When people think of health conditions that impose a big economic burden, they generally think of conditions like stroke or heart failure. But many may not realize that one of the most costly health conditions — on a par with stroke — is chronic nonhealing wounds. According to the journal Wounds, chronic nonhealing wounds cost…
I grew up in Connecticut and vividly remember visiting Acadia with my family as a child, watching the waves crash against the shore. With every ebb and flow I remember feeling a profound surge of power wash over me and thinking, There is something special about this place. I need to come back here.
One of the last places I would have expected to learn about art would be a biology lab, but when I had the opportunity to conduct research at the Mount Desert Island Biological Laboratory, I found myself not only at a research institute, but an art exhibit.
Certain organisms have remarkable abilities to achieve self-healing, and a fascinating example is the zebrafish (Danio rerio), a species of tropical freshwater fish that’s an increasingly popular model organism for biological research. When the fish’s spinal cord is severed, something remarkable happens that doesn’t occur in humans: supportive cells in the nervous system bridge the gap, allowing new nerve tissue to restore the spinal cord to full function within weeks. Pretty incredible, but how does this occur? NIH-funded researchers have just found an important clue.
Damage to vital organs, the spinal cord, or limbs can have an enormous impact on our ability to move, function – and even live. But imagine if you could restore these tissues back to their original condition and go on with life as normal.
Well, this is the dream for regenerative medicine. And while humans missed out on these abilities in the evolutionary lottery, a recent study in mice shows we’re making small progress to achieving this dream.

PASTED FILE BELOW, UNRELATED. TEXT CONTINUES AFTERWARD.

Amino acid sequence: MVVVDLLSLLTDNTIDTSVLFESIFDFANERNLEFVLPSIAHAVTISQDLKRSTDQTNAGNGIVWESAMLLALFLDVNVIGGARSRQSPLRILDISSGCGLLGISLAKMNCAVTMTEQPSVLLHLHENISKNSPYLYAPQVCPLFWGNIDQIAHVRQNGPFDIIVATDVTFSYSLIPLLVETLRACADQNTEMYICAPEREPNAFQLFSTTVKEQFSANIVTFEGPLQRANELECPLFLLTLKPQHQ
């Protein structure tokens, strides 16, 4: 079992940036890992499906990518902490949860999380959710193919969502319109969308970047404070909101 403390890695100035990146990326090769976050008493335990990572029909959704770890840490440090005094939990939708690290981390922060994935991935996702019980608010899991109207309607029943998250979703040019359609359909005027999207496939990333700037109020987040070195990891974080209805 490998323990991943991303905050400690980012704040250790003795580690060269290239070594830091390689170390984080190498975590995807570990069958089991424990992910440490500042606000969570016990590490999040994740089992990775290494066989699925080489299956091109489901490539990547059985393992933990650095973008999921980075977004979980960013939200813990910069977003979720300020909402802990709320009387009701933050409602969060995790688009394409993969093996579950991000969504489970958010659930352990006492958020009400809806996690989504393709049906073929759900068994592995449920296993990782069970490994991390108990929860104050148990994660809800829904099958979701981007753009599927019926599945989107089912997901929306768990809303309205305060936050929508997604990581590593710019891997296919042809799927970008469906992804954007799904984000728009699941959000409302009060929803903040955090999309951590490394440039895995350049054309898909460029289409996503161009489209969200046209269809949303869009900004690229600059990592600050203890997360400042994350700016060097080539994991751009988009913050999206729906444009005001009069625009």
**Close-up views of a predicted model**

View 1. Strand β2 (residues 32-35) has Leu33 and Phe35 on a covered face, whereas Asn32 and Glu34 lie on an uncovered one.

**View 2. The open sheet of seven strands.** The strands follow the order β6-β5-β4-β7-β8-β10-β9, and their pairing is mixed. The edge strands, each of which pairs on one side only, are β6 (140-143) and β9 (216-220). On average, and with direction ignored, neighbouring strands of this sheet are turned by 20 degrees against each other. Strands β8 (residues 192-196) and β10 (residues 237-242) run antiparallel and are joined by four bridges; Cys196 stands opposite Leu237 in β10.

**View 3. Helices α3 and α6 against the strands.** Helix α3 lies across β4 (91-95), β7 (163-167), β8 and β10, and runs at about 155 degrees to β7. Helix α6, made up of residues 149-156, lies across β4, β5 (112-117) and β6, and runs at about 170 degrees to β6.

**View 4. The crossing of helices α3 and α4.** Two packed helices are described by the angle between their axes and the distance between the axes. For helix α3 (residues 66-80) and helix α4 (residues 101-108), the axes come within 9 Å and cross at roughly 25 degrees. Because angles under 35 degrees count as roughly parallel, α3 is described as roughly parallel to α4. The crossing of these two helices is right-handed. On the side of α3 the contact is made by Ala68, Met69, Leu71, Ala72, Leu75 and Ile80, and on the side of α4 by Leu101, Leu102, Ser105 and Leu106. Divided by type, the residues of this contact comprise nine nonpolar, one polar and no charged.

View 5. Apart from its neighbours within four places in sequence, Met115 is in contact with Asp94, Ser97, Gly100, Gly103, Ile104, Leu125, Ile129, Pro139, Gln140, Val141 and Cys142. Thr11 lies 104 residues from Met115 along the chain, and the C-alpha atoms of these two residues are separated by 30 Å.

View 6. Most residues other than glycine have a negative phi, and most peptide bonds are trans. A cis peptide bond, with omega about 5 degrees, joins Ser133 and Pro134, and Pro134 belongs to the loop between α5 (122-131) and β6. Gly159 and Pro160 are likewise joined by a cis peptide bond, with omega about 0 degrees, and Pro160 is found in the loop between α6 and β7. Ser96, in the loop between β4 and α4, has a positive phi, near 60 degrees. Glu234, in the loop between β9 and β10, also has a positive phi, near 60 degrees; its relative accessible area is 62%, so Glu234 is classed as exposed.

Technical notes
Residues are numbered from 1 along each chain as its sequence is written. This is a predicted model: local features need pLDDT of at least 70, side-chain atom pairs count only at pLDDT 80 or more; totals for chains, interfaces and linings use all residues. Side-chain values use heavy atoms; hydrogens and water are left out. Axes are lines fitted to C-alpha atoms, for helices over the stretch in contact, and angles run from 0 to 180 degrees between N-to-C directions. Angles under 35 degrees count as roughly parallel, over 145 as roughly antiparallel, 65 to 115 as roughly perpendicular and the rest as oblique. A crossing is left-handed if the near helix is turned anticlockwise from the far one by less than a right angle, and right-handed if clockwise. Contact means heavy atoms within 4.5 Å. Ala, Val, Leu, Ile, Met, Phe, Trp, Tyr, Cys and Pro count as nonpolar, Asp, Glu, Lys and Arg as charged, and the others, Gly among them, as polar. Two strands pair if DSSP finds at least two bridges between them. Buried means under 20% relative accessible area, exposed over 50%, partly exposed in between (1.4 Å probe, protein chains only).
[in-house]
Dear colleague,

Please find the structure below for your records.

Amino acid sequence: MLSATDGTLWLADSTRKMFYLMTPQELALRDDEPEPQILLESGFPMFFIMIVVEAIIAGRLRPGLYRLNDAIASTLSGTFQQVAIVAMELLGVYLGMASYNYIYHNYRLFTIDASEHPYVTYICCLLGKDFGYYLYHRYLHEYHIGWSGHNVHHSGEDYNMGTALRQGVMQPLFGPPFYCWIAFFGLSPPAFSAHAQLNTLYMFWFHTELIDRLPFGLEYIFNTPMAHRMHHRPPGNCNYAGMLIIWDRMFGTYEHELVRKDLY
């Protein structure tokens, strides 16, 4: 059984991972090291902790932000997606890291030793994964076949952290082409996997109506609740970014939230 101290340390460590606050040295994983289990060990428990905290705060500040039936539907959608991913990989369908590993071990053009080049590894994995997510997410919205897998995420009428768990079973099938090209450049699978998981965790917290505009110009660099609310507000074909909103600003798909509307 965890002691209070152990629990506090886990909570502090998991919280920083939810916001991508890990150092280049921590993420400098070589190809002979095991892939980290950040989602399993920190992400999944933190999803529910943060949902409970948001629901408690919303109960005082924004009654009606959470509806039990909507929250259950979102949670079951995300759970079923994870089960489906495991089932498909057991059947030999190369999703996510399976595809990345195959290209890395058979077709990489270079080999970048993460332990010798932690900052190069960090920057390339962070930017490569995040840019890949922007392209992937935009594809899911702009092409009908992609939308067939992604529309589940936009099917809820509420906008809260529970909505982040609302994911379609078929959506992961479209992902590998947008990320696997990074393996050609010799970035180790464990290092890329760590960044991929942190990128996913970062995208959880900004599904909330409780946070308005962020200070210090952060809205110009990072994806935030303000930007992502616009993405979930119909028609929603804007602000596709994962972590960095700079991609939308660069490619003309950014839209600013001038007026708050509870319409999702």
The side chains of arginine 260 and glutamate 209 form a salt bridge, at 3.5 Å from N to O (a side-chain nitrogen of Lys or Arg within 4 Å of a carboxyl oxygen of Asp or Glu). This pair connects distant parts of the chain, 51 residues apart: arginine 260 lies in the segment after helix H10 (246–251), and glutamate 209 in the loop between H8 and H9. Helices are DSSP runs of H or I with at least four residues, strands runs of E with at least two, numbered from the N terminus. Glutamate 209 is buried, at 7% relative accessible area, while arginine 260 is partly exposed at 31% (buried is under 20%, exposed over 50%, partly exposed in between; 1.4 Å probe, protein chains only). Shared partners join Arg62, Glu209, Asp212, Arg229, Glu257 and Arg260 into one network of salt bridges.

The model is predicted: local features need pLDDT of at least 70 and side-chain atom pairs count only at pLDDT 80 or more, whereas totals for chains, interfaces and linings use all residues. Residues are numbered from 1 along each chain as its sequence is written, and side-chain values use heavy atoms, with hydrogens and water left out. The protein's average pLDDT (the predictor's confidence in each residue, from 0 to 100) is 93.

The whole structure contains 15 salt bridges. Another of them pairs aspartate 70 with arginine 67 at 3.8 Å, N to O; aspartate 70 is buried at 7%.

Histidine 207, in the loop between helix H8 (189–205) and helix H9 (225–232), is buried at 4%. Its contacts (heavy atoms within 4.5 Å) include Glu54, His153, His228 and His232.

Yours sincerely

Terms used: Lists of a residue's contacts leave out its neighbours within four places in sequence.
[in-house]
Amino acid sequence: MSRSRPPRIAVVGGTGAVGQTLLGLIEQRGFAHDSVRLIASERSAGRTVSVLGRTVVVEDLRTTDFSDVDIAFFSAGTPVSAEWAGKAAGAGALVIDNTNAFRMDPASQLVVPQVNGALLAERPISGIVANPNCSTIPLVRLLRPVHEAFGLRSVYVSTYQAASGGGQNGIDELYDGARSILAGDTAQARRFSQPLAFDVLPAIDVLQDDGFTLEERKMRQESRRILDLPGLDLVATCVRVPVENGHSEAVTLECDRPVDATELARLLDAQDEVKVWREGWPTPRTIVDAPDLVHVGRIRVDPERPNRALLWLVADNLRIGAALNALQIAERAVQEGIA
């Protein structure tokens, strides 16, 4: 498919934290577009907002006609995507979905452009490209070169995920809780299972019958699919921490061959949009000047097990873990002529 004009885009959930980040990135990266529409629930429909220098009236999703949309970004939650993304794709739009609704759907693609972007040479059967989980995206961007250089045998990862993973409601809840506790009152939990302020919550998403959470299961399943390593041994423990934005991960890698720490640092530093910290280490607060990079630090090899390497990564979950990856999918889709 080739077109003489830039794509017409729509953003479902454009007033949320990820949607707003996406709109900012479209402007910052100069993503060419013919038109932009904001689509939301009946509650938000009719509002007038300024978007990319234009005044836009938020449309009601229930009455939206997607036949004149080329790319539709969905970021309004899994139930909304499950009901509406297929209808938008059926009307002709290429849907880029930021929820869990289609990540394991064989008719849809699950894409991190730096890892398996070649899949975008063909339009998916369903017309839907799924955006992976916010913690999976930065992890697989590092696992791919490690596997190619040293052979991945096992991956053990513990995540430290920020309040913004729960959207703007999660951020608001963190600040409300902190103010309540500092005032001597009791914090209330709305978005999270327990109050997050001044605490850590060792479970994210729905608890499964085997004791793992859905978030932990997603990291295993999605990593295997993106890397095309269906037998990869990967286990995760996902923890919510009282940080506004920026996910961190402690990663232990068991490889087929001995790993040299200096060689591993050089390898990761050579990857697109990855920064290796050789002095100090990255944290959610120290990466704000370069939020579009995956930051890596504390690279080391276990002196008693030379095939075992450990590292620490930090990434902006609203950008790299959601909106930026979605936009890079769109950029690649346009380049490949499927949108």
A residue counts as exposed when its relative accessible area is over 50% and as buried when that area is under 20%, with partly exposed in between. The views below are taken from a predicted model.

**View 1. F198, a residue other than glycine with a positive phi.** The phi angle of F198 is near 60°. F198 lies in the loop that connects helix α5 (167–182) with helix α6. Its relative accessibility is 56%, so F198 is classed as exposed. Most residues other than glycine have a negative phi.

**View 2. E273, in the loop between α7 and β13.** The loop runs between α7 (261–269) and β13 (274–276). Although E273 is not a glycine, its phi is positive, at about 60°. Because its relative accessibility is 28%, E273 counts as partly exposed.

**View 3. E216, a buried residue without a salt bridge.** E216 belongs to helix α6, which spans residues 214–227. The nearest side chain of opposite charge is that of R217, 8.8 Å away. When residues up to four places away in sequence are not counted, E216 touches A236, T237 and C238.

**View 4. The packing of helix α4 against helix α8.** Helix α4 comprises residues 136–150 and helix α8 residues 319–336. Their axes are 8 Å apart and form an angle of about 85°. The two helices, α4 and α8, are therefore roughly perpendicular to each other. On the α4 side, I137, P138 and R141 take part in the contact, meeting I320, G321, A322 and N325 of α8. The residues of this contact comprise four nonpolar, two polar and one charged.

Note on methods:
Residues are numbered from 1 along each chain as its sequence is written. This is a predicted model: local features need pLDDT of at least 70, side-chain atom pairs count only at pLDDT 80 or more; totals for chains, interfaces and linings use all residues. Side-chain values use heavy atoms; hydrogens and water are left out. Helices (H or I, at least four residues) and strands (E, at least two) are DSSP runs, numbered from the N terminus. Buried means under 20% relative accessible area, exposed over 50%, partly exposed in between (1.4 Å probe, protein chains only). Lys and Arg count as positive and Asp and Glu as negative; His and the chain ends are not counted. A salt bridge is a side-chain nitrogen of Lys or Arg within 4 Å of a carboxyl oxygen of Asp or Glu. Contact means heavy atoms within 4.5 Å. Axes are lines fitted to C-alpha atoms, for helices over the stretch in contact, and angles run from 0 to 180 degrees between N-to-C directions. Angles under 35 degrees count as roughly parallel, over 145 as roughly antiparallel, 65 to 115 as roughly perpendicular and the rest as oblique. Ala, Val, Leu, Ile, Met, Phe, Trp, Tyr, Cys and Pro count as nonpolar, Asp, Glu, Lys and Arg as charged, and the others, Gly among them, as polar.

Many in the field of biomedical research have called for increased interaction between scientists and patients as a means of informing scientific research. I’ve recently had several opportunities to experience the benefits of interacting directly with patients suffering from peripheral neuropathy, the condition I study.
The concept of aging is undergoing a rapid transformation in medicine. The question has long been asked: Is aging a natural process that should be accepted as inevitable, or is it pathologic, a disease that should be prevented and treated? For the vast majority of medicine’s history, the former position was considered a self-evident truth. So futile was any attempt to resist the ravages of aging that the matter was relegated to works of fantasy and fiction. But today, the biomedical community is rethinking its answer to this quest.
Guest Post by Dr. Francis Collins, Director of the National Institutes of Health (NIH)
If you enjoy action movies, you can probably think of a superhero—maybe Wolverine?—who can lose a limb in battle, yet grow it right back and keep on going. But could regenerating a lost limb ever happen in real life?